In public health, he advocated establishing a medical administrative authority, with powers over epidemiology and veterinary medicine. He worked to set up a coherent medical training program, oriented towards public health and preventive measures. In economic policy, he proposed tax reforms and a national insurance program, and discussed the balance of trade. He even proposed something akin to what much later emerged as game theory. In sociology he laid the ground for communication theory.
In 1906, Garland published a volume of Leibniz's writings bearing on his many practical inventions and engineering work. To date, few of these writings have been translated into English. Nevertheless, it is well understood that Leibniz was a serious inventor, engineer, and applied scientist, with great respect for practical life. Following the motto theoria cum praxi, he urged that theory be combined with practical application, and thus has been claimed as the father of applied science. He designed wind-driven propellers and water pumps, mining machines to extract ore, hydraulic presses, lamps, submarines, clocks, etc. With Denis Papin, he invented a steam engine. He even proposed a method for desalinating water. From 1680 to 1685, he struggled to overcome the chronic flooding that afflicted the ducal silver mines in the Harz Mountains, but did not succeed.
Leibniz may have been the first computer scientist and information theorist. Early in life, he documented the binary numeral system (base 2), then revisited that system throughout his career. He anticipated Lagrangian interpolation and algorithmic information theory. His calculus ratiocinator anticipated aspects of the universal Turing machine. In 1934, Norbert Wiener claimed to have found in Leibniz's writings a mention of the concept of feedback, central to Wiener's later cybernetic theory.
In 1671, Leibniz began to invent a machine that could execute all four arithmetical operations, gradually improving it over a number of years. This "Stepped Reckoner" attracted fair attention and was the basis of his election to the Royal Society in 1673. A number of such machines were made during his years in Hanover, by a craftsman working under Leibniz's supervision. It was not an unambiguous success because it did not fully mechanize the operation of carrying. Couturat reported finding an unpublished note by Leibniz, dated 1674, describing a machine capable of performing some algebraic operations. Leibniz also devised a (now reproduced) cipher machine, recovered by Nicholas Rescher in 2010. In 1693, Leibniz released to the public a design of a machine which could, in theory, integrate differential equations.
Leibniz was groping towards hardware and software concepts worked out much later by Charles Babbage and Ada Lovelace. In 1679, while mulling over his binary arithmetic, Leibniz imagined a machine in which binary numbers were represented by marbles, governed by a rudimentary sort of punched cards. Modern electronic digital computers replace Leibniz's marbles moving by gravity with shift registers, voltage gradients, and pulses of electrons, but otherwise they run roughly as Leibniz envisioned in 1679.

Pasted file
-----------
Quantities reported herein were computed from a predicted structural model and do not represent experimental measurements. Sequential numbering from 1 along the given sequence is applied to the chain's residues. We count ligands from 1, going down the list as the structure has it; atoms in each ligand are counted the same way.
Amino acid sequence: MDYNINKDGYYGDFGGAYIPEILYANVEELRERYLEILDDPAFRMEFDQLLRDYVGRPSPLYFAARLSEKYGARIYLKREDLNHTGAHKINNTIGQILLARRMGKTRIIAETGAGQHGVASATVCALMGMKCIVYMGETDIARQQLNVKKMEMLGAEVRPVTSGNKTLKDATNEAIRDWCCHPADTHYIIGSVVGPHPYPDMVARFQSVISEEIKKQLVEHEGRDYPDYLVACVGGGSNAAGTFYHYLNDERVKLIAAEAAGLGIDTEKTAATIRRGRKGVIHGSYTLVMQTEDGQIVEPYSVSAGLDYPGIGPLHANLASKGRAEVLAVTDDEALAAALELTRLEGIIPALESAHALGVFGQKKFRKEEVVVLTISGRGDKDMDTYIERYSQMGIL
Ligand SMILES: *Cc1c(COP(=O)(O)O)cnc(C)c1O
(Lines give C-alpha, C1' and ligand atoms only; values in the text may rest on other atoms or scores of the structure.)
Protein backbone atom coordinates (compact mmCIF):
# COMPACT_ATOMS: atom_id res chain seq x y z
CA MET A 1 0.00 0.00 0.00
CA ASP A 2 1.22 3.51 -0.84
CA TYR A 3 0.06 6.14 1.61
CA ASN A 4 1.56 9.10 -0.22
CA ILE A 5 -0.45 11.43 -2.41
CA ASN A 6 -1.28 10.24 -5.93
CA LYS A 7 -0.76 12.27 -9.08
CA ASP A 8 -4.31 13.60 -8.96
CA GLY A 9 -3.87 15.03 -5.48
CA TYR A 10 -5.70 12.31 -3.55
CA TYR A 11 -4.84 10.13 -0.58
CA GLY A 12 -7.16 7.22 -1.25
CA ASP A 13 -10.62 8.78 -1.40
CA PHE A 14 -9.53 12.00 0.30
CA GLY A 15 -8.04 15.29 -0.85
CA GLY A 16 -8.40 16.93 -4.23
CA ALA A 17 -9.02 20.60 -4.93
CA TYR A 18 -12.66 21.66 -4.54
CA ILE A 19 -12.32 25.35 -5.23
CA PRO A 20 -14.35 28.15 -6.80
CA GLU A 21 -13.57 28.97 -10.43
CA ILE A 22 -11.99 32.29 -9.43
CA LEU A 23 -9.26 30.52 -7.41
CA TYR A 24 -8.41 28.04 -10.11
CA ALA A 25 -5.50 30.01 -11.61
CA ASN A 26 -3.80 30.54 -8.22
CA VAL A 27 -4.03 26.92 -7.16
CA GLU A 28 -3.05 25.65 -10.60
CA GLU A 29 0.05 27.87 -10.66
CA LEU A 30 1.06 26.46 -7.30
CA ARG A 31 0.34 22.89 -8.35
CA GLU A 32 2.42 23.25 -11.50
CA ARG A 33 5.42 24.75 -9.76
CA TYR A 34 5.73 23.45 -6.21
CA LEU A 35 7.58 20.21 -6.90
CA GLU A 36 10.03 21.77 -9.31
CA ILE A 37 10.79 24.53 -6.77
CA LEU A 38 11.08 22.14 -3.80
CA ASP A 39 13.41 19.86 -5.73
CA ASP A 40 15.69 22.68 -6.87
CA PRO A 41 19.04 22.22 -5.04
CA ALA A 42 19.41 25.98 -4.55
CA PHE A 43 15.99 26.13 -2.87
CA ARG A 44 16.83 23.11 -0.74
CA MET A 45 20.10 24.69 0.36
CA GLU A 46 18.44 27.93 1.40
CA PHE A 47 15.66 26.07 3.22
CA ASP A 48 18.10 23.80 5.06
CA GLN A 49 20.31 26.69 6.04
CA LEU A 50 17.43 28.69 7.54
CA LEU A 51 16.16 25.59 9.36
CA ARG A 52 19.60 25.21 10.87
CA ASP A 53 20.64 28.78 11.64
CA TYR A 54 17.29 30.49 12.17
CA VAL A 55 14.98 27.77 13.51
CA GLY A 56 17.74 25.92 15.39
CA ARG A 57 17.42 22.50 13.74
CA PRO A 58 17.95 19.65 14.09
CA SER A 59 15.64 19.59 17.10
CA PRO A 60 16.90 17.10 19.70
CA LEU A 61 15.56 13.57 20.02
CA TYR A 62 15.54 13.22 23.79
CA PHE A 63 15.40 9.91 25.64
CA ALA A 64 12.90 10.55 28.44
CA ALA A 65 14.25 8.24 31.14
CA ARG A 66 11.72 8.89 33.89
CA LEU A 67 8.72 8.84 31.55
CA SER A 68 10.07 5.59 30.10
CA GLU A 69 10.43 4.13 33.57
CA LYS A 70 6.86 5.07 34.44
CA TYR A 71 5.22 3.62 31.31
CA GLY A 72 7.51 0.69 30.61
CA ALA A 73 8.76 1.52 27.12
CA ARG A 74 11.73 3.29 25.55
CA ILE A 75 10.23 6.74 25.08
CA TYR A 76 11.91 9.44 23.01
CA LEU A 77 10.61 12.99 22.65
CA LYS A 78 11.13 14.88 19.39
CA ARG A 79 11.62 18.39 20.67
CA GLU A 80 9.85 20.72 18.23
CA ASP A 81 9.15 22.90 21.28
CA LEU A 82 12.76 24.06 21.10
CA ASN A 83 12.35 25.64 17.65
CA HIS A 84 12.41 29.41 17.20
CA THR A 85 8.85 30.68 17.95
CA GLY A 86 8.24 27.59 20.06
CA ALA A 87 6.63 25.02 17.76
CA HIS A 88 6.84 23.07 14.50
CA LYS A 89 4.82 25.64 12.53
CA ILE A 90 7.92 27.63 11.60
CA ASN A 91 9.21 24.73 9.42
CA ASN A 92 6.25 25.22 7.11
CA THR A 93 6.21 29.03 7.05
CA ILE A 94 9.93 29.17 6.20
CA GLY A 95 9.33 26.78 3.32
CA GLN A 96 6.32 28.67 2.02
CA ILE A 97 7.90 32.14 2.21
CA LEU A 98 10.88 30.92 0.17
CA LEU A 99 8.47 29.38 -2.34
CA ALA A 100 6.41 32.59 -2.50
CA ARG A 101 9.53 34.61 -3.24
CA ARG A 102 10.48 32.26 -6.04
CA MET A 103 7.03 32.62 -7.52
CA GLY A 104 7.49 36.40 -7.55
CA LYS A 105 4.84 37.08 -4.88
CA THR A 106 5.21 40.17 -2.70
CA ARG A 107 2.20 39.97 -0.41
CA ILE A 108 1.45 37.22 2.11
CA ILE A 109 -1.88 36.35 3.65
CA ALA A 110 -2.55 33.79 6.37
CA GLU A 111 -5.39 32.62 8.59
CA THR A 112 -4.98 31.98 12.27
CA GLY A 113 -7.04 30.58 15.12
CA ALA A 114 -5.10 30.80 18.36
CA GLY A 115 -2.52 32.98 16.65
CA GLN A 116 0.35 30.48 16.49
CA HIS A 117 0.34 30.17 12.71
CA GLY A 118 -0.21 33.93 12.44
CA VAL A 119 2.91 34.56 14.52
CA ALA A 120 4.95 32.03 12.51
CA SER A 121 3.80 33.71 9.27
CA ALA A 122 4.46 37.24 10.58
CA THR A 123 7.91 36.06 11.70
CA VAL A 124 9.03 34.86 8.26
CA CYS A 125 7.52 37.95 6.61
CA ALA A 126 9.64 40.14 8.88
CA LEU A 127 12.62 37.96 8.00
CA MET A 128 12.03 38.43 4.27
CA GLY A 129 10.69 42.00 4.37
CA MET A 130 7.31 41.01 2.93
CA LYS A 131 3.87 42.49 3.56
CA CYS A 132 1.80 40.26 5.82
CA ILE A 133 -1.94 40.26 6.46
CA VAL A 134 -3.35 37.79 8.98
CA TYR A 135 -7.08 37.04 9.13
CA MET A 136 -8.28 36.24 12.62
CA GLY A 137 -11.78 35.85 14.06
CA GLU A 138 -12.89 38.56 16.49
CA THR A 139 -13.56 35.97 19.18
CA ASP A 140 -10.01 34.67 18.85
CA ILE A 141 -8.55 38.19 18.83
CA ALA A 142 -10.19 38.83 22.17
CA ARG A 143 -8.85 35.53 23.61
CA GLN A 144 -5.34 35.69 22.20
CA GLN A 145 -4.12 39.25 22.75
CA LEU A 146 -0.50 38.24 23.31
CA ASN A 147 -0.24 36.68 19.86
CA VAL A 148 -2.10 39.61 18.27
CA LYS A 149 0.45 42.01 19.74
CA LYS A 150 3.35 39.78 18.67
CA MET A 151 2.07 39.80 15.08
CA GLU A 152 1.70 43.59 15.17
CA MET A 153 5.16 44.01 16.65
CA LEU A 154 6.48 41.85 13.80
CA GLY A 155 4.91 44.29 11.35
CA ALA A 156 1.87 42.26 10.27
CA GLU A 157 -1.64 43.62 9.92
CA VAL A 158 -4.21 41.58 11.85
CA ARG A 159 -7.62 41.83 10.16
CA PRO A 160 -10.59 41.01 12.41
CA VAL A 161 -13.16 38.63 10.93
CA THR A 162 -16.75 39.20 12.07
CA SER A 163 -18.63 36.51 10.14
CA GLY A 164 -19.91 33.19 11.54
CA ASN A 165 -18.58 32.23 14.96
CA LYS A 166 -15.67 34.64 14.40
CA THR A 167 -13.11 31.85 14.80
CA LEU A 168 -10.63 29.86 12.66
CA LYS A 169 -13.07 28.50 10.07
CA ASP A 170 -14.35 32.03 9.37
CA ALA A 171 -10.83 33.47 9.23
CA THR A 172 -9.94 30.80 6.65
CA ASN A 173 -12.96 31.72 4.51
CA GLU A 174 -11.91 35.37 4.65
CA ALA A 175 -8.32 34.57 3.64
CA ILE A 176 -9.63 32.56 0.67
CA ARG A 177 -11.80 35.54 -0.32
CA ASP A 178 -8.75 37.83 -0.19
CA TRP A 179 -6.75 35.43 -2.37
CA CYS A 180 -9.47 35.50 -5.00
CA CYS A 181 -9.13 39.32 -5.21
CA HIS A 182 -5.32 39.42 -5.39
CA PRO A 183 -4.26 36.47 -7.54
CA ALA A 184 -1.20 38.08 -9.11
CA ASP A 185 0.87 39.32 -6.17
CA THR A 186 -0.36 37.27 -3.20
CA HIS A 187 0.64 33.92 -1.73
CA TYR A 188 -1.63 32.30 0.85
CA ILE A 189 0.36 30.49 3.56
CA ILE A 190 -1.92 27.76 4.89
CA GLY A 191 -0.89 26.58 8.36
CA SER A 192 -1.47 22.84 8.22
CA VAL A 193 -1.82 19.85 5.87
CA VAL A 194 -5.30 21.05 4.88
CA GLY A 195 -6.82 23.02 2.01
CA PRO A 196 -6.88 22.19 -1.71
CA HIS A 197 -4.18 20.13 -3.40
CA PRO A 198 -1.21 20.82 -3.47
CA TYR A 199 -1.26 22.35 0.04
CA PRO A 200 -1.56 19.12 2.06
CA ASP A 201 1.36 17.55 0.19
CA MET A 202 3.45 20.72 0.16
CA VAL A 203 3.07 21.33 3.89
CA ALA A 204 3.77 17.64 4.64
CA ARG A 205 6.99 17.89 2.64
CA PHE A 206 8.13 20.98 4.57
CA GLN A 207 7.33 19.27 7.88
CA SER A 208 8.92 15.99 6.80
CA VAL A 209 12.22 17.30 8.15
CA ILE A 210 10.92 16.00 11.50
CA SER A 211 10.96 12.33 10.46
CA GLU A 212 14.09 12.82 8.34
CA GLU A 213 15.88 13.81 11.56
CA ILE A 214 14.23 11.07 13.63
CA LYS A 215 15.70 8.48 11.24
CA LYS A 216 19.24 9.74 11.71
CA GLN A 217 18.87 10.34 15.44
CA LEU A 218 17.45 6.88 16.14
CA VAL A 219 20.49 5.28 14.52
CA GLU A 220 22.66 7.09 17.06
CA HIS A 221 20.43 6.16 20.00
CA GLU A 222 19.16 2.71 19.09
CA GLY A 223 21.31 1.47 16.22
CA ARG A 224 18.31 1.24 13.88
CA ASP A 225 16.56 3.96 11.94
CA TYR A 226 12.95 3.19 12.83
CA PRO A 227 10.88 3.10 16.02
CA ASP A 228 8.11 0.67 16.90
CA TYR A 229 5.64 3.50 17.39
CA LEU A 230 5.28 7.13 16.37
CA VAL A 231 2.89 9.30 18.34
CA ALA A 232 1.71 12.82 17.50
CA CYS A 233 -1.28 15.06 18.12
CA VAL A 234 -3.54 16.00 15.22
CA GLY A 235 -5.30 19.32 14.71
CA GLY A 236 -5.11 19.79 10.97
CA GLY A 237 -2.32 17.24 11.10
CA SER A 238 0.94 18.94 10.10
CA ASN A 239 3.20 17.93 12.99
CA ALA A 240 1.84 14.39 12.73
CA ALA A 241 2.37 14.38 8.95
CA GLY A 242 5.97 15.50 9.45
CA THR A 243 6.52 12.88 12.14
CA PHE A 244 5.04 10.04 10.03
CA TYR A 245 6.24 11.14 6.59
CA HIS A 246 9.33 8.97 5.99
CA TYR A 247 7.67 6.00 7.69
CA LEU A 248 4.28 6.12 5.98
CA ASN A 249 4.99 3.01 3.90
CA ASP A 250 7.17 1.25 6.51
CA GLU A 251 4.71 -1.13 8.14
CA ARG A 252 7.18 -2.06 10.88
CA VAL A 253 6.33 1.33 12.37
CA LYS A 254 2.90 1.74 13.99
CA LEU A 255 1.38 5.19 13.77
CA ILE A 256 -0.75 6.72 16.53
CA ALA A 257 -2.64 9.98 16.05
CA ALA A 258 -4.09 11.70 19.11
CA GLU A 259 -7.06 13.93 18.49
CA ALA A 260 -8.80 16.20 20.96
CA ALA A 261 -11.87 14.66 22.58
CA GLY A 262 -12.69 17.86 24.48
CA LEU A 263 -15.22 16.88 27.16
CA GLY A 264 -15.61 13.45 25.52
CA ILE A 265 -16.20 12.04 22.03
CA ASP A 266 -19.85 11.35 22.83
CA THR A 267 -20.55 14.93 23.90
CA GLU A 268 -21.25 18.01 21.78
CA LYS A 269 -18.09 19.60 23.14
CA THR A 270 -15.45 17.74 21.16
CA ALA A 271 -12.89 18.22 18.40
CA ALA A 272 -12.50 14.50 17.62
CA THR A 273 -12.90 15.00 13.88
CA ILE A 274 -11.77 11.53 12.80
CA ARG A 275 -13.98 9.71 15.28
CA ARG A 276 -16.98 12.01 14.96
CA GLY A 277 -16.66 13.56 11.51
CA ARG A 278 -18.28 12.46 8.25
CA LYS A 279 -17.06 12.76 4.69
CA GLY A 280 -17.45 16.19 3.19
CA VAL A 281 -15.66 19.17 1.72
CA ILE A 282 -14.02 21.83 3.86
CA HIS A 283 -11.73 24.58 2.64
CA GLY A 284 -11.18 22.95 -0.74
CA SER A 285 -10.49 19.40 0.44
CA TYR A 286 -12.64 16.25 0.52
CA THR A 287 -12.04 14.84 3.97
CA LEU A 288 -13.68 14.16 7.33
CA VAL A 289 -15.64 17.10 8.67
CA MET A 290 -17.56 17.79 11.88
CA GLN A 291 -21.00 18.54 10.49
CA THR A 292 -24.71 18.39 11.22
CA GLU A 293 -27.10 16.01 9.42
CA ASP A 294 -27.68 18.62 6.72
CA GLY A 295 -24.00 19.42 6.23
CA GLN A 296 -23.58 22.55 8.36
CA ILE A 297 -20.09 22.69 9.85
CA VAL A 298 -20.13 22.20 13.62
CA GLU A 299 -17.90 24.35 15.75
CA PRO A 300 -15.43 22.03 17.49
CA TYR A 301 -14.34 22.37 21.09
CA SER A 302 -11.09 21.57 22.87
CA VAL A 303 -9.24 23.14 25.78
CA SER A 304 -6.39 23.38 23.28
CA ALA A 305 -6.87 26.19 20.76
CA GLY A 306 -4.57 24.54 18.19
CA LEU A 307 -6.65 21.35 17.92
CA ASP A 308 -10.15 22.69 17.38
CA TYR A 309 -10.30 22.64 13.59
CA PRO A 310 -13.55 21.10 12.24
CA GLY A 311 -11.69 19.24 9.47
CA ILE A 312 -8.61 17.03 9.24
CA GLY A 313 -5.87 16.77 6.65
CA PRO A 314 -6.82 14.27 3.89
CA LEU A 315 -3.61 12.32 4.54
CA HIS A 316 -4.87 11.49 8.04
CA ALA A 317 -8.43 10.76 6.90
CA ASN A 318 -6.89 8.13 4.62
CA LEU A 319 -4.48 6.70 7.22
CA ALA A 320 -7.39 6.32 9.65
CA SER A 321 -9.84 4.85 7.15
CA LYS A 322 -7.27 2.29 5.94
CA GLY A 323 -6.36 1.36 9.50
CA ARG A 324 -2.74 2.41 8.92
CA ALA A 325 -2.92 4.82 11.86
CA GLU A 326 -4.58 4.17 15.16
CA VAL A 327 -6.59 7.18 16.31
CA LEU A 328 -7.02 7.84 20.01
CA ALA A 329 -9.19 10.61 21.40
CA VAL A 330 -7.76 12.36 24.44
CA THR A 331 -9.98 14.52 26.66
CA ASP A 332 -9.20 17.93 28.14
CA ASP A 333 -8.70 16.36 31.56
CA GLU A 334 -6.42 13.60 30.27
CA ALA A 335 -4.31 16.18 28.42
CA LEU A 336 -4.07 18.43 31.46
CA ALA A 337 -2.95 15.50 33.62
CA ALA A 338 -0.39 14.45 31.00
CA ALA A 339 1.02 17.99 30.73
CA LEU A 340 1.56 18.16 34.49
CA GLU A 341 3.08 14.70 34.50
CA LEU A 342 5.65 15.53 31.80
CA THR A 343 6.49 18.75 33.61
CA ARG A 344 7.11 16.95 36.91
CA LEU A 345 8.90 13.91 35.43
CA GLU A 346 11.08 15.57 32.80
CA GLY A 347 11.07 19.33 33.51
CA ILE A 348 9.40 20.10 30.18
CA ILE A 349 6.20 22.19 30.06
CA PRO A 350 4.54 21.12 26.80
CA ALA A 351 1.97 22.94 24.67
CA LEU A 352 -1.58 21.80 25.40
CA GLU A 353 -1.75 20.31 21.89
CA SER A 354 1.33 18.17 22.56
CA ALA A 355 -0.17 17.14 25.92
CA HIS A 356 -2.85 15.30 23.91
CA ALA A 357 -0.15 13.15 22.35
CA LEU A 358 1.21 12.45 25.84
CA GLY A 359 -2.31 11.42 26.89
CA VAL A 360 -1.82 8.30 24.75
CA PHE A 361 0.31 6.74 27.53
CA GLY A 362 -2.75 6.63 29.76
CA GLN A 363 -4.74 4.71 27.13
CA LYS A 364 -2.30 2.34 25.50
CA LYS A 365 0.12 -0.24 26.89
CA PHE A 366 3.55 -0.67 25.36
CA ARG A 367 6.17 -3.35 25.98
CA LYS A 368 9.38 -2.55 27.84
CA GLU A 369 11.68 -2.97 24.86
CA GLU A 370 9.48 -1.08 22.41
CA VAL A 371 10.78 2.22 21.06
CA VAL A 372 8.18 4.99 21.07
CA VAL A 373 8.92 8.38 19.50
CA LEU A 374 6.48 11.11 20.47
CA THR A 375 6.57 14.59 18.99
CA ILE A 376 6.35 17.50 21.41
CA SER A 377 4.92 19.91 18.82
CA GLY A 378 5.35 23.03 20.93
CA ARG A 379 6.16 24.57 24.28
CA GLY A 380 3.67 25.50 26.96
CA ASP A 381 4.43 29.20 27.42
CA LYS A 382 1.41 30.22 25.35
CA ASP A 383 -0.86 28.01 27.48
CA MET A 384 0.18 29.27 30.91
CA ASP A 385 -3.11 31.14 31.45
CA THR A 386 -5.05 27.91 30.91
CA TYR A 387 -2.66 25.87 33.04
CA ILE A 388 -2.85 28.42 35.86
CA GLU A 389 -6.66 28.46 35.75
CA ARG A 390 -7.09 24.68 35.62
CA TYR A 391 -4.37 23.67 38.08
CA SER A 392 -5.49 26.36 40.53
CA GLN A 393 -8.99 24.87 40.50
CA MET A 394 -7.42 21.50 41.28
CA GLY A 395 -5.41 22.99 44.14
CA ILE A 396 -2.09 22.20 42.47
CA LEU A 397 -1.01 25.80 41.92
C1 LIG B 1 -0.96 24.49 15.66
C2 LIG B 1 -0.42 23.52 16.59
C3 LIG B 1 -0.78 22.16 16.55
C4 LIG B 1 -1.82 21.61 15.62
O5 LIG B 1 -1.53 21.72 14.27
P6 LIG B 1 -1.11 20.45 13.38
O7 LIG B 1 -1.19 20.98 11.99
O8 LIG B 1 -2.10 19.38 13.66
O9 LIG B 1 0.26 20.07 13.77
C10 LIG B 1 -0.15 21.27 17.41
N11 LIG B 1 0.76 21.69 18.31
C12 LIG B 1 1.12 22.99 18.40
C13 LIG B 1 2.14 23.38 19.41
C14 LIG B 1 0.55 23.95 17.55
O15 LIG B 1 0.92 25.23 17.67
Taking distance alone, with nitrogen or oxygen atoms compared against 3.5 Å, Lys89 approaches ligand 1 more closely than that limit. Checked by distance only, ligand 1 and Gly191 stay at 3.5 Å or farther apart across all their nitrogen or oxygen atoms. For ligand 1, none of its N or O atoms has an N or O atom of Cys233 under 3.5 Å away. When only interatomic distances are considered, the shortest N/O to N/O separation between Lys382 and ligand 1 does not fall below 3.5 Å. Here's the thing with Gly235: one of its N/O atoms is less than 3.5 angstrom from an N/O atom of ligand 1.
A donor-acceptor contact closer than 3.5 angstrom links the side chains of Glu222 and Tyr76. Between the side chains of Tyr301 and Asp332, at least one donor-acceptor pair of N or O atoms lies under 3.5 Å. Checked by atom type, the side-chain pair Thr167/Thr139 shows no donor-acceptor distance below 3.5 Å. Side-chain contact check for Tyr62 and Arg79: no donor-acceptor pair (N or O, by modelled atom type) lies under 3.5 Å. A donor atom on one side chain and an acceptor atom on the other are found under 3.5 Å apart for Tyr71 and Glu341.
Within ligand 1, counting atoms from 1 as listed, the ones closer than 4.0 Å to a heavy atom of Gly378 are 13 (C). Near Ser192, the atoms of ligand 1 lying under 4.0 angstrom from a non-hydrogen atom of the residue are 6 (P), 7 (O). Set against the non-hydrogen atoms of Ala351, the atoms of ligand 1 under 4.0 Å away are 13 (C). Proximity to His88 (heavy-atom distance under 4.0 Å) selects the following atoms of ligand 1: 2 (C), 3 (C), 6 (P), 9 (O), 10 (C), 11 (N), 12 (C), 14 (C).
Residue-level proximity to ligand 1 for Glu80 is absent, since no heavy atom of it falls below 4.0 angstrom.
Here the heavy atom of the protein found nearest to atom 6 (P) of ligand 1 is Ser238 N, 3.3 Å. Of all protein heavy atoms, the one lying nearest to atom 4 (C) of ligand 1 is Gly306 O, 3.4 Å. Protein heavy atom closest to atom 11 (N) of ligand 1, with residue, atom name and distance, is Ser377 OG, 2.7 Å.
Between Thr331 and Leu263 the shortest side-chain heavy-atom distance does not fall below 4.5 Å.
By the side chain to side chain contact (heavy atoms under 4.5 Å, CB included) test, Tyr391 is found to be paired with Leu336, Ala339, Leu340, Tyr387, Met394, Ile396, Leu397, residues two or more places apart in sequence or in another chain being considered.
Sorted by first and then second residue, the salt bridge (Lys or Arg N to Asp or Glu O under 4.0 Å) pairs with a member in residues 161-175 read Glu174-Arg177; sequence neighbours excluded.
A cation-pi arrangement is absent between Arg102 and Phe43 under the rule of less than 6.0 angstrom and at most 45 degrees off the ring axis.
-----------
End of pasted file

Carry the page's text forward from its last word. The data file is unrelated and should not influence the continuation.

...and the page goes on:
While serving as librarian of the ducal libraries in Hanover and Wolfenbuettel, Leibniz effectively became one of the founders of library science. The latter library was enormous for its day, as it contained more than 100,000 volumes, and Leibniz helped design a new building for it, believed to be the first building explicitly designed to be a library. He also designed a book indexing system in ignorance of the only other such system then extant, that of the Bodleian Library at Oxford University. He also called on publishers to distribute abstracts of all new titles they produced each year, in a standard form that would facilitate indexing. He hoped that this abstracting project would eventually include everything printed from his day back to Gutenberg. Neither proposal met with success at the time, but something like them became standard practice among English language publishers during the 20th century, under the aegis of the Library of Congress and the British Library.
He called for the creation of an empirical database as a way to further all sciences. His characteristica universalis, calculus ratiocinator, and a "community of minds"—intended, among other things, to bring political and religious unity to Europe—can be seen as distant unwitting anticipations of artificial languages (e.g., Esperanto and its rivals), symbolic logic, even the World Wide Web.
Advocate of scientific societies
Leibniz emphasized that research was a collaborative endeavor. Hence he warmly advocated the formation of national scientific societies along the lines of the British Royal Society and the French Academie Royale des Sciences. More specifically, in his correspondence and travels he urged the creation of such societies in Dresden, Saint Petersburg, Vienna, and Berlin. Only one such project came to fruition; in 1700, the Berlin Academy of Sciences was created. Leibniz drew up its first statutes, and served as its first President for the remainder of his life. That Academy evolved into the German Academy of Sciences, the publisher of the ongoing critical edition of his works.